When Rune Balot (Megumi Hayashibara) is killed by gangster Shell (Kazuya Nakai) her biggest challenge is only just beginning. She is brought back from the dead as an android by Dr. Easter (Hiroki Tochi), who along with his partner Oeuf Coque (Norito Yashima), a shapeshifting entity, pleads with her to take the stand in court against her killer. Their intention is to get to the bottom of his criminal enterprise. “Mardock Scramble” is based on a novel by Tow Ubukata and the story is split into three films. “The First Compression” follows Balot as she is given a new life under the Mardock Scramble O9 Protocol. “The Second Compaction” leads her to a casino where she must gamble for the memories of women Shell has killed. “The Third Exhaust” brings the story to a thrilling conclusion as she takes on her killer.

“Mardock Scramble” follows in the footsteps of other classic cyberpunk, with its transhuman protagonist being another great role in the mould of Motoko Kusanagi (Ghost in the Shell) or Deunan Knute (Appleseed). Unlike those characters she has suffered serious trauma and the films are certainly much darker in tone than many others in what is itself an often grim genre of crime and violence. Rune is a victim of incest and sexual abuse, falling into prostitution at a young age. She has little respect for herself and has isolated herself from regular human interactions. Her relationship with Oeuf Coque is one of the best parts of the story as the two must grow to trust one another. The art and animation do a good job of creating the world and it is a shame that the films do not explore more of it. Despite having one foot firmly in cyberpunk, it definitely has its own style. The “Paradise” they visit in the second part has a unique design and the film has its own aesthetic, with Easter’s transport and other details adding a lot of texture to the world. The script balances humour with its emotional moments. The first part has some fairly wacky concepts, such as Oeuf Cocque, which could have jarred against the serious subject matter of Rune’s trauma, but they work fine. The flashes of comedy grow more infrequent towards the end and the finale packs an emotional punch.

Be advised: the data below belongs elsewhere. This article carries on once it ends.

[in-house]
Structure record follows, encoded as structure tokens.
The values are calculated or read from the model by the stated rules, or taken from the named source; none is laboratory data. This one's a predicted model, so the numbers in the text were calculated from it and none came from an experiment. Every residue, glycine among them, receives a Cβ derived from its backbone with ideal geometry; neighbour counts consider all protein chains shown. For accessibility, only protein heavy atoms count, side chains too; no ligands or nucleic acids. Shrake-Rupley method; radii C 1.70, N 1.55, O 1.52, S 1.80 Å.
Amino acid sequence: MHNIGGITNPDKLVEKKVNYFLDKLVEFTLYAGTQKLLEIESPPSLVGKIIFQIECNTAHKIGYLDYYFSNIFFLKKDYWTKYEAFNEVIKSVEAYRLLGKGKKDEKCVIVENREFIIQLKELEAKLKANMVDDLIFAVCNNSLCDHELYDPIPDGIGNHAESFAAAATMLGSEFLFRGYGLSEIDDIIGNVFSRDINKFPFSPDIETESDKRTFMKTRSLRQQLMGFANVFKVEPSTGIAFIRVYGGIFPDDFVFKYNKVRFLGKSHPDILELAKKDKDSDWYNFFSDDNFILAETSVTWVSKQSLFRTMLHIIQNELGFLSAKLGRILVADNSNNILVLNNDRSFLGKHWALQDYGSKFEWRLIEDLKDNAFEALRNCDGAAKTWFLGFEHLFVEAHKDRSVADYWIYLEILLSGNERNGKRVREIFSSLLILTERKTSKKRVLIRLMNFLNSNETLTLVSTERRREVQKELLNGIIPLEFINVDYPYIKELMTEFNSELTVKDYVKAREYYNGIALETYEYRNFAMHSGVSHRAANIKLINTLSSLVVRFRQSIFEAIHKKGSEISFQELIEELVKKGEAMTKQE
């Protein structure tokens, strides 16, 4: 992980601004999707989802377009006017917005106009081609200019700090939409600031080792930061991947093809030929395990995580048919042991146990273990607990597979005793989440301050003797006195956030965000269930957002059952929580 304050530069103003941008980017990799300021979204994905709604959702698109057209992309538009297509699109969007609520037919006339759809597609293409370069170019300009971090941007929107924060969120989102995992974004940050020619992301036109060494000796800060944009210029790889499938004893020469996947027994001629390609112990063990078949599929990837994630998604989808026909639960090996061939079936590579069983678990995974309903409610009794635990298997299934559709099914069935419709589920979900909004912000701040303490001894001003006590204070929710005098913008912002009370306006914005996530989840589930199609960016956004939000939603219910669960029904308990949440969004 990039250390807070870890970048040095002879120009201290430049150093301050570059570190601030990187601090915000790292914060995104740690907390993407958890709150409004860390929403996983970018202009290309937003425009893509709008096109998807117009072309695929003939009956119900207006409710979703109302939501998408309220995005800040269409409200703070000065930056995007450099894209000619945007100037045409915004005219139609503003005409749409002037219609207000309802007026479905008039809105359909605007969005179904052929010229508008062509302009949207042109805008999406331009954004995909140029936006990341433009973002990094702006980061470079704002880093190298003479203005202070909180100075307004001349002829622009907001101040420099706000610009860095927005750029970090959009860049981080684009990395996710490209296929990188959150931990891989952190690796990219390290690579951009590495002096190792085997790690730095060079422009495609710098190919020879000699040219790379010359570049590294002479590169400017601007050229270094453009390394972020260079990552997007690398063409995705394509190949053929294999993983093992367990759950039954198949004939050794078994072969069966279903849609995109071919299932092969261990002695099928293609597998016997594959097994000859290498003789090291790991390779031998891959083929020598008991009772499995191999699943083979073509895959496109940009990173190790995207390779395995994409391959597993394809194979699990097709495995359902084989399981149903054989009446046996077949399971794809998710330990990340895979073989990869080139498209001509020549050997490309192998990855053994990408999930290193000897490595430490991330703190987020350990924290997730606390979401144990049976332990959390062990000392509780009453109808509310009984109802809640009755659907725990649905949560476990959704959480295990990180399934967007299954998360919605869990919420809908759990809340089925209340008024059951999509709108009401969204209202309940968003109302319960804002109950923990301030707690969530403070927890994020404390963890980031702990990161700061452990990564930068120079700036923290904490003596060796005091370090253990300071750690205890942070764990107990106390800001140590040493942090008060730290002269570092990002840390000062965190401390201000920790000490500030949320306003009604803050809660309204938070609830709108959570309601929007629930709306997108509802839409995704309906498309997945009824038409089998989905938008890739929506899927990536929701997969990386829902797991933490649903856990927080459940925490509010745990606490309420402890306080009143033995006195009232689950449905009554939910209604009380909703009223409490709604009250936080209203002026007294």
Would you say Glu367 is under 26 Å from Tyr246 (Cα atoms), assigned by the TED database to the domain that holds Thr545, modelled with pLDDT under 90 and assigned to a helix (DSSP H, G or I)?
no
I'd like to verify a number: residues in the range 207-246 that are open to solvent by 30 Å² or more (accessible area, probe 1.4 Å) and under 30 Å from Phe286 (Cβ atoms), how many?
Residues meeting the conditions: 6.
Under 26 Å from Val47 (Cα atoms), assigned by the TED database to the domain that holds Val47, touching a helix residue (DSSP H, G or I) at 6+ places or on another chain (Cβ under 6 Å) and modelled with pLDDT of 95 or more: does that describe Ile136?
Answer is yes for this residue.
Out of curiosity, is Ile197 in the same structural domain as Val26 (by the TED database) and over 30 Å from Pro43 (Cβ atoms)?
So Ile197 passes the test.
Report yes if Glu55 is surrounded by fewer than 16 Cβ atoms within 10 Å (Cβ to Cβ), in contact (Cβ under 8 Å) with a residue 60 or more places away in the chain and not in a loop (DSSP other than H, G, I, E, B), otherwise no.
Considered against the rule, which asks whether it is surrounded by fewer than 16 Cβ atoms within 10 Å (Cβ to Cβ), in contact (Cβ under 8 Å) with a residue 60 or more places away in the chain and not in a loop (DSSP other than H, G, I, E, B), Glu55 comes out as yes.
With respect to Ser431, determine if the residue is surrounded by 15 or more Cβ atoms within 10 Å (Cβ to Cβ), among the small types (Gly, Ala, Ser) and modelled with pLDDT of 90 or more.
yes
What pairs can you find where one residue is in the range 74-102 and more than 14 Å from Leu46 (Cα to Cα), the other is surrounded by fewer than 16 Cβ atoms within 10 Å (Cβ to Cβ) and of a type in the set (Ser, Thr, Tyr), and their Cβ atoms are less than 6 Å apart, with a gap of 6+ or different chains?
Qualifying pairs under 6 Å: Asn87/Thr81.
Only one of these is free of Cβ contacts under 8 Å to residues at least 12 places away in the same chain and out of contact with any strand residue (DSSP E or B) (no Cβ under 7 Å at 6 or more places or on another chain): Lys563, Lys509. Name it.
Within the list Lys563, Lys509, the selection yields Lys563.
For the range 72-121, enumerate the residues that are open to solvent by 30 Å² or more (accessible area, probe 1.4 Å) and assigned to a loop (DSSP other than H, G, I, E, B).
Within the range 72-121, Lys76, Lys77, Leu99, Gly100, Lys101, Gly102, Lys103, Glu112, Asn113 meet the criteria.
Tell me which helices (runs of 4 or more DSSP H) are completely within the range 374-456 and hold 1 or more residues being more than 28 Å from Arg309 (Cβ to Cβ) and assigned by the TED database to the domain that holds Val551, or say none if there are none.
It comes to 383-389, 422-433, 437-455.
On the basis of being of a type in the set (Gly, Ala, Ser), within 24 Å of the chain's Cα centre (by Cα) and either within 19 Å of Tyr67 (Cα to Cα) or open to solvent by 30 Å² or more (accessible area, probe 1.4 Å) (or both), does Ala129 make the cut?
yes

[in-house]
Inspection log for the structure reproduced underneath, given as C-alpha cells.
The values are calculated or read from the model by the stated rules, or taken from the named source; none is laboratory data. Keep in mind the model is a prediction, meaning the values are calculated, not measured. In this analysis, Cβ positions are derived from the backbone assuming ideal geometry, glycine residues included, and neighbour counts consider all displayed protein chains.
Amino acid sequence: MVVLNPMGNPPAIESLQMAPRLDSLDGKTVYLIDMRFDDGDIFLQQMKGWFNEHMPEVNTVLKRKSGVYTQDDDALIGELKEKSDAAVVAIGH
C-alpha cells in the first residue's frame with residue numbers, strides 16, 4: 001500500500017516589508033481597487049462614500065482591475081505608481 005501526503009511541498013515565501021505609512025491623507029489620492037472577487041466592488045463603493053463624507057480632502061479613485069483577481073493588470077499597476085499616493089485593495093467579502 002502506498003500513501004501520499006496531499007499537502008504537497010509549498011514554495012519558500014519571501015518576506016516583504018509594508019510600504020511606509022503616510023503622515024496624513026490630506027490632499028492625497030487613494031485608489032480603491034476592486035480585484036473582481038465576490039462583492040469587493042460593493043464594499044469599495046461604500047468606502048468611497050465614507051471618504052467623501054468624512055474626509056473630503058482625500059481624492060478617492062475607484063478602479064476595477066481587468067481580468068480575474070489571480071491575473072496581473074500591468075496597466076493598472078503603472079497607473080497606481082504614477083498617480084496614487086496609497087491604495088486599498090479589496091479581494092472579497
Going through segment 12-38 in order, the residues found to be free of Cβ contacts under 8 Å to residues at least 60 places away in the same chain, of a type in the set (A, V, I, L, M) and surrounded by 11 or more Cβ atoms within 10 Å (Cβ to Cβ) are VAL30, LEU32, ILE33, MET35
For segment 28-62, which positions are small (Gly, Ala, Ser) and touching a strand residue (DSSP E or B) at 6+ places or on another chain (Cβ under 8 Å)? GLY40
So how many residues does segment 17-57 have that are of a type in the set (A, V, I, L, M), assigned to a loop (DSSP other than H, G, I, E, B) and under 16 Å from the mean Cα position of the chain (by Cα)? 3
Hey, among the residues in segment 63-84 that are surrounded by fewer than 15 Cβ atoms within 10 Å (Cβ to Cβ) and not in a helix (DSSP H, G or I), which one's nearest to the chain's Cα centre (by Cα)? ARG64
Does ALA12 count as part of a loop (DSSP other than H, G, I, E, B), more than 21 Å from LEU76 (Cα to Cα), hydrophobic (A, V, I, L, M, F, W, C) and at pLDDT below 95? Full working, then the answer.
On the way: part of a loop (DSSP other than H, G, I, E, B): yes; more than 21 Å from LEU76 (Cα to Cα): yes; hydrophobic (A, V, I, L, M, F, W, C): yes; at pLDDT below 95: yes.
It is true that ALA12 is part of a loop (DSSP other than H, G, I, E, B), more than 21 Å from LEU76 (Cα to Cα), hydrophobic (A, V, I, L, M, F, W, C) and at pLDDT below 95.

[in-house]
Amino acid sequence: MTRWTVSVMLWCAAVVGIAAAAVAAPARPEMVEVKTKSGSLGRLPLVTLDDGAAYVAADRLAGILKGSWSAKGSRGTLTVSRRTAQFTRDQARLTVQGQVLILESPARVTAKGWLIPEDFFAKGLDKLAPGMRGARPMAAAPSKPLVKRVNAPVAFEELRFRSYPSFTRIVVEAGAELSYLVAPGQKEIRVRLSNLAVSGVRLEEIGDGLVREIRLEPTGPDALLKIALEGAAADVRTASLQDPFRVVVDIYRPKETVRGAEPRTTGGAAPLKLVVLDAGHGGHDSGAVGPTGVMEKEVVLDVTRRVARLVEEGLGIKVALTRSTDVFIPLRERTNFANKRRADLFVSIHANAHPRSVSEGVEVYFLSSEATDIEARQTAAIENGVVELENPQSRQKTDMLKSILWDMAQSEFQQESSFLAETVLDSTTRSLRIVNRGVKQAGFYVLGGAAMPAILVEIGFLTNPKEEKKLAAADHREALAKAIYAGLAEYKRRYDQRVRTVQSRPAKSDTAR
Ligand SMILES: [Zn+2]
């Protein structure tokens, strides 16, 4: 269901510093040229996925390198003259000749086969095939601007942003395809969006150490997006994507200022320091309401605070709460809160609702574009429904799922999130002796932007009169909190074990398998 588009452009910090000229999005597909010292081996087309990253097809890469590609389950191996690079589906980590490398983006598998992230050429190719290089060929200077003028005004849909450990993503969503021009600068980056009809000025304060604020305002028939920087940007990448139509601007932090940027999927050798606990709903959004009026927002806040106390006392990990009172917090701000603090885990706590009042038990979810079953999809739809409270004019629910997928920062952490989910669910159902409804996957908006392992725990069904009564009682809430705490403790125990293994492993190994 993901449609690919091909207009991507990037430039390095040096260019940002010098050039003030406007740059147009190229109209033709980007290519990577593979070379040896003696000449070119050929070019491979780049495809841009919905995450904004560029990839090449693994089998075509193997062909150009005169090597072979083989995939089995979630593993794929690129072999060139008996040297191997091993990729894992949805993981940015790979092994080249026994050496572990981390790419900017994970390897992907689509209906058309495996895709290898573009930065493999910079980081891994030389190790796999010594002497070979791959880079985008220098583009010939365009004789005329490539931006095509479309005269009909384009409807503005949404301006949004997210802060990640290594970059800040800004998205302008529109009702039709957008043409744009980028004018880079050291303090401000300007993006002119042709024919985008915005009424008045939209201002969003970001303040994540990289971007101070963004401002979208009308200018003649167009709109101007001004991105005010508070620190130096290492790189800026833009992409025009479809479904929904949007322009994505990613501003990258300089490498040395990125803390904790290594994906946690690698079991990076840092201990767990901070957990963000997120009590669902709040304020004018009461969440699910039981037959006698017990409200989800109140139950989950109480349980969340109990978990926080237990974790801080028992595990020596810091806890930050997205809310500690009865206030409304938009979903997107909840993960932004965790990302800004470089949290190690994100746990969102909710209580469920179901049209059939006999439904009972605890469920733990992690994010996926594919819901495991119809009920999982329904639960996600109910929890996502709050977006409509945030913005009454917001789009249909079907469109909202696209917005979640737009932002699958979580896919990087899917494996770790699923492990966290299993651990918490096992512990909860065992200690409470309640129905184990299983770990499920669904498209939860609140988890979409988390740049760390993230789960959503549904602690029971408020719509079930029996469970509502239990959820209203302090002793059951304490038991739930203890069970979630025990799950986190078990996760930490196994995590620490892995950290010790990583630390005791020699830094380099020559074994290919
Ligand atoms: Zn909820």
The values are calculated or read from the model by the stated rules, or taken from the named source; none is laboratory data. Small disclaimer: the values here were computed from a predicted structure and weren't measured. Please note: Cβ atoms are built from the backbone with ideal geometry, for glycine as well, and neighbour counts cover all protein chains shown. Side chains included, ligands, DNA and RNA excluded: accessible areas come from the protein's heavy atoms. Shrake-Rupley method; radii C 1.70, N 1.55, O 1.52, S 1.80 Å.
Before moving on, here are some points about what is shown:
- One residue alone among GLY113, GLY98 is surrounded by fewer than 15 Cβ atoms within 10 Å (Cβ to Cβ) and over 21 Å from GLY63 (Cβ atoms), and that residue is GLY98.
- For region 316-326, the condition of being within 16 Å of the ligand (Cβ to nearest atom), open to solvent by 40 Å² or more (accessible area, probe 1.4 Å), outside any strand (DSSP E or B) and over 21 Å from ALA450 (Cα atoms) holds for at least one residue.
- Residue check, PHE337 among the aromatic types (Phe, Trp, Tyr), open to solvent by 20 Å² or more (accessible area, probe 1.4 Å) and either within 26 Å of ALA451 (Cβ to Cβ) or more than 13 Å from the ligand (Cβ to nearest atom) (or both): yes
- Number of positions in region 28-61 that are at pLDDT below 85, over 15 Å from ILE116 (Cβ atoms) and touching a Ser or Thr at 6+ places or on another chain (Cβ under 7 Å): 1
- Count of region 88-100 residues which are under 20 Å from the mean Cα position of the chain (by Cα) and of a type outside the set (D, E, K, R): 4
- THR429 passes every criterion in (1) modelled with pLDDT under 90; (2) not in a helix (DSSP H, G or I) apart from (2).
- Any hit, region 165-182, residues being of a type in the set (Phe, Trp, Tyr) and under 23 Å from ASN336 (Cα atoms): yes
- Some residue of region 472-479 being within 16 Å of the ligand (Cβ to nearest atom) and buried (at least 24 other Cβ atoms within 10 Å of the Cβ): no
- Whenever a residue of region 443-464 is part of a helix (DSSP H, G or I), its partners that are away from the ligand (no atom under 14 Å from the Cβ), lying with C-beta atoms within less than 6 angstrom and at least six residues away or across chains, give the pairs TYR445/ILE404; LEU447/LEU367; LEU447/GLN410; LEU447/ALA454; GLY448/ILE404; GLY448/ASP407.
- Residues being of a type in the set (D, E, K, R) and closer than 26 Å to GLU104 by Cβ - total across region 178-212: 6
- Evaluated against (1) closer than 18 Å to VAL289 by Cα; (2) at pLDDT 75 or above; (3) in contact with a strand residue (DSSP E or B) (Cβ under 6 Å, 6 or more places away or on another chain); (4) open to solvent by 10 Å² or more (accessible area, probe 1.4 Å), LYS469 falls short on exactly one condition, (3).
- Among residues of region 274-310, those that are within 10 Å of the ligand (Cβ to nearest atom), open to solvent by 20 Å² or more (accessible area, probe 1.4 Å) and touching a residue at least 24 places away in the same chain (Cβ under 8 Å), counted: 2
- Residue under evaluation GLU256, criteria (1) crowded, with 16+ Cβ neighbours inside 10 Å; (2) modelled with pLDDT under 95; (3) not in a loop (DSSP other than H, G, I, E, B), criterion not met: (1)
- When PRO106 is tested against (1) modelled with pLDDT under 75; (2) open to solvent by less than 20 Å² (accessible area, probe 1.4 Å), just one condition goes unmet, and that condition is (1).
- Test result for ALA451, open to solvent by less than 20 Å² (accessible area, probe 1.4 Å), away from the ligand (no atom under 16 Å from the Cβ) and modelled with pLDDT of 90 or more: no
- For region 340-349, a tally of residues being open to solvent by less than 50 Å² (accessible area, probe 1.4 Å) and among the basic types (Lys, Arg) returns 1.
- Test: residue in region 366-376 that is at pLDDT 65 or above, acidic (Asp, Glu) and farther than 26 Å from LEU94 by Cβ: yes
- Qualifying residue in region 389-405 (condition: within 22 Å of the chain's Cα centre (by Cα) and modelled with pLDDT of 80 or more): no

Mardock Scramble deals with many difficult themes, including sexual assault and rape. Underlying this there is a serious question about whether violence is ever justified, in revenge or self-defence in particular. Both Rune and Shell have been victims in an earlier life and this is given as partial justification for his actions. The idea of fate plays heavily in part two and ties in with this notion. The idea of transhumanism is also explored in some depth, with Rune being able to remotely operate electrical devices, Shell having his memories stored externally, and one character being no more than a head in a cage.

Leave a Reply

Your email address will not be published. Required fields are marked *

This site uses Akismet to reduce spam. Learn how your comment data is processed.